Anime has influenced not only Japanese celebrities but international athletes, too. National Football League (NFL) player DeMarcus Lawrence reflected on anime's role in shaping his career. "Anime gave me the opportunity to create my alter ego," he relates to JAPAN Forward. He smiles as he says, "I was able to embrace that superhero aspect of myself and take it to the football field." 

[Best Slice of Life Award] Bocchi the Rock! _Kerorilla-san (Courtesy of Crunchyroll Anime Awards)

A Global Force

There were also multiple language categories for Best Voice Actor Performance. Languages included German, Castilian, French, English, Brazilian Portuguese, Italian, Latin Spanish, and Arabic. Despite the language barrier, I thought Arabic winner Taleb Alrefai played a convincing Senku Ishigami, the Dr Stone protagonist. 

The number of these categories shows that anime fandom has grown beyond Japan, the United States, and France. Anime now has audiences in virtually every corner of the world.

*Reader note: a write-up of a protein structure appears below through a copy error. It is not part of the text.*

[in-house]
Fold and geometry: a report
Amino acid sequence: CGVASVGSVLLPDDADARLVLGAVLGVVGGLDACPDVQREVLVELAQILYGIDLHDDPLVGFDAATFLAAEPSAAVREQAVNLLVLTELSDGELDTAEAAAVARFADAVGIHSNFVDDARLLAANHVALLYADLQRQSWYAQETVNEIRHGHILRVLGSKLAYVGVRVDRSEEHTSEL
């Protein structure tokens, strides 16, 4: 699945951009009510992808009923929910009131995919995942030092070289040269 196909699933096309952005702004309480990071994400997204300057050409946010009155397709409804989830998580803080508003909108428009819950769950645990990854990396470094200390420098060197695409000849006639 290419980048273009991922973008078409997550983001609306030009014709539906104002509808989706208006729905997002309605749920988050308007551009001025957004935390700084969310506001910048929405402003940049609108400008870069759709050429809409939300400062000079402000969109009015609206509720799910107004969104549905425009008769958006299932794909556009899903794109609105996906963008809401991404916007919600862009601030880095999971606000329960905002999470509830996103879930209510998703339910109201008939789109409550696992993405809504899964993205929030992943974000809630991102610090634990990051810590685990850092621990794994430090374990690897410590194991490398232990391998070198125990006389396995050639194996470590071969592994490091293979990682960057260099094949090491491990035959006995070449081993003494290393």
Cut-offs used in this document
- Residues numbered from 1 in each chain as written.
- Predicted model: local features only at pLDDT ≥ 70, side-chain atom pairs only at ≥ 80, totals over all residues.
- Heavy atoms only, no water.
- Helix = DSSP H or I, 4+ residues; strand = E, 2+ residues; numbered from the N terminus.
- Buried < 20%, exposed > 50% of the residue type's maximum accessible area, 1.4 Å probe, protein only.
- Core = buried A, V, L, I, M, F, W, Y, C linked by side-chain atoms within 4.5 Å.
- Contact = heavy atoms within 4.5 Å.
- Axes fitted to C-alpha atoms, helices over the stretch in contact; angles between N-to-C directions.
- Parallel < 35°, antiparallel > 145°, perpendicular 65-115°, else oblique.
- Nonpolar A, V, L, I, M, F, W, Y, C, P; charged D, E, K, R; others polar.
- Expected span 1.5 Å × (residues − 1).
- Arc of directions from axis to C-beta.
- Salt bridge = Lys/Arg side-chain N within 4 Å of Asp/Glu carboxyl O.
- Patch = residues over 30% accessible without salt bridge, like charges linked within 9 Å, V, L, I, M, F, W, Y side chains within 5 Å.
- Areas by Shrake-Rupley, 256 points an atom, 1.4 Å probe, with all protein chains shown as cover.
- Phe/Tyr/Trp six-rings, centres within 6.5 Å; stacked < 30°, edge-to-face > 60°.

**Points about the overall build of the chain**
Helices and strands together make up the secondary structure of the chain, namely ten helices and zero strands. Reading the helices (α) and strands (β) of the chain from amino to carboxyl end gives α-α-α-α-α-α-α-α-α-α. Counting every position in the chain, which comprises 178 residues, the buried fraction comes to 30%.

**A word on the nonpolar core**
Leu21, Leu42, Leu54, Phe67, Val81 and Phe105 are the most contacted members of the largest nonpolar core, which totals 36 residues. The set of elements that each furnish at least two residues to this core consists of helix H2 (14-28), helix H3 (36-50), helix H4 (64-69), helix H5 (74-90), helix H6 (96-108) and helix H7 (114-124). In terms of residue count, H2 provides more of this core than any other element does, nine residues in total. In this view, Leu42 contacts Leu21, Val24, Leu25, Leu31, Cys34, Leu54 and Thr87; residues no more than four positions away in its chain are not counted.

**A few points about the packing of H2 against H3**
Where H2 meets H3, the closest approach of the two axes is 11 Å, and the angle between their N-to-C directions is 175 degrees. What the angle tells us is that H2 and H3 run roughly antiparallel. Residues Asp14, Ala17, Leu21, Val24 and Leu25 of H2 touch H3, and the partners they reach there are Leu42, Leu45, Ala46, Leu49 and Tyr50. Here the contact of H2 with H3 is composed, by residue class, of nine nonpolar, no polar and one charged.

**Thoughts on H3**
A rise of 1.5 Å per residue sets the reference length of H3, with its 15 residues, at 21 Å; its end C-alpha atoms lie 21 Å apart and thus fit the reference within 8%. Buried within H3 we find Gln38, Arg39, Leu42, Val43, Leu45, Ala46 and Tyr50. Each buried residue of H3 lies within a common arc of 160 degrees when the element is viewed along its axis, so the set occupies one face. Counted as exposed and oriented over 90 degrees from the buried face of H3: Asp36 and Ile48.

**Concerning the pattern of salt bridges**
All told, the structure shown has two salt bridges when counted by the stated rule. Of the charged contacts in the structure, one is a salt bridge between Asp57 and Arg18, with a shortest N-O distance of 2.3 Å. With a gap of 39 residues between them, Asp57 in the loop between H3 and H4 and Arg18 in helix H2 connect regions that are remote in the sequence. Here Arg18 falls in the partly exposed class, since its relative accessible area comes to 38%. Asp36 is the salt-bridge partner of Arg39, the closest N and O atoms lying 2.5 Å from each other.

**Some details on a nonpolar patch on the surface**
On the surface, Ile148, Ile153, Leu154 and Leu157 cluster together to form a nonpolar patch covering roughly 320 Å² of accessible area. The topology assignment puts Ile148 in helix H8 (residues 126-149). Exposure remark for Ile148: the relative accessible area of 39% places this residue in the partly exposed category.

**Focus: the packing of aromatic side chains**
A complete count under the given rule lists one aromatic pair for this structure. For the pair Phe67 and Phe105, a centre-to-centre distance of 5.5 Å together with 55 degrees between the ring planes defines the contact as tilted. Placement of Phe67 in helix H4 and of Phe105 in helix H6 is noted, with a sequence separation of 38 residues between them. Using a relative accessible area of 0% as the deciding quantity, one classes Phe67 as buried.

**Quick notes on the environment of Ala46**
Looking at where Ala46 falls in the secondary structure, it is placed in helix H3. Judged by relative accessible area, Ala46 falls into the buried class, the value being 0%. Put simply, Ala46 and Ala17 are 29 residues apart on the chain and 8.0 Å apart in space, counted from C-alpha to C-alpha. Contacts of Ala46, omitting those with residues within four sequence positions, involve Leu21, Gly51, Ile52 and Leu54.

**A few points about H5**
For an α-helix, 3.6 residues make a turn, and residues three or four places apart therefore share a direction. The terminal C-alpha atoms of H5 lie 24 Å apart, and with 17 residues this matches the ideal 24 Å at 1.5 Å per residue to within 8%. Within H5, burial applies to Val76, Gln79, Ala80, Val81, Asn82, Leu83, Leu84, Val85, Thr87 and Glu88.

Staff and creators acknowledged and expressed gratitude to their legions of fans across the globe. 

Accepting Jujutsu Kaisen's award for best character design was series animator Tadashi Hiramatsu. After hinting at new projects in the works, Hiramatsu delivered a message to his foreign fans. "Over the last ten years, American, European, and Southeast Asian fans' passion has been incredible," he says. "I hope to continue making anime that people everywhere can enjoy."


Rira Kero, in charge of character design, accepted BOCCHI THE ROCK!'s Best Slice of Life Anime award. Regarding the series' international popularity, Kero admitted "Living in Japan, it's been hard to gauge how popular it is overseas. Winning this award brings home that people in other countries really are watching and enjoying it." 

Following Jujutsu Kaisen's Anime of the Year win, animation producer Keisuke Seshimo discussed the series' foreign fanbase. As the evening's final address, Seshimo's words were a fitting summation of the event's significance. Choking back tears, he said, "The response from fans around the world has been incredible. Seeing how much they enjoy it has made the dreams of myself and the production staff come true." 


Author: Daniel Manning, JAPAN Forward staff reporter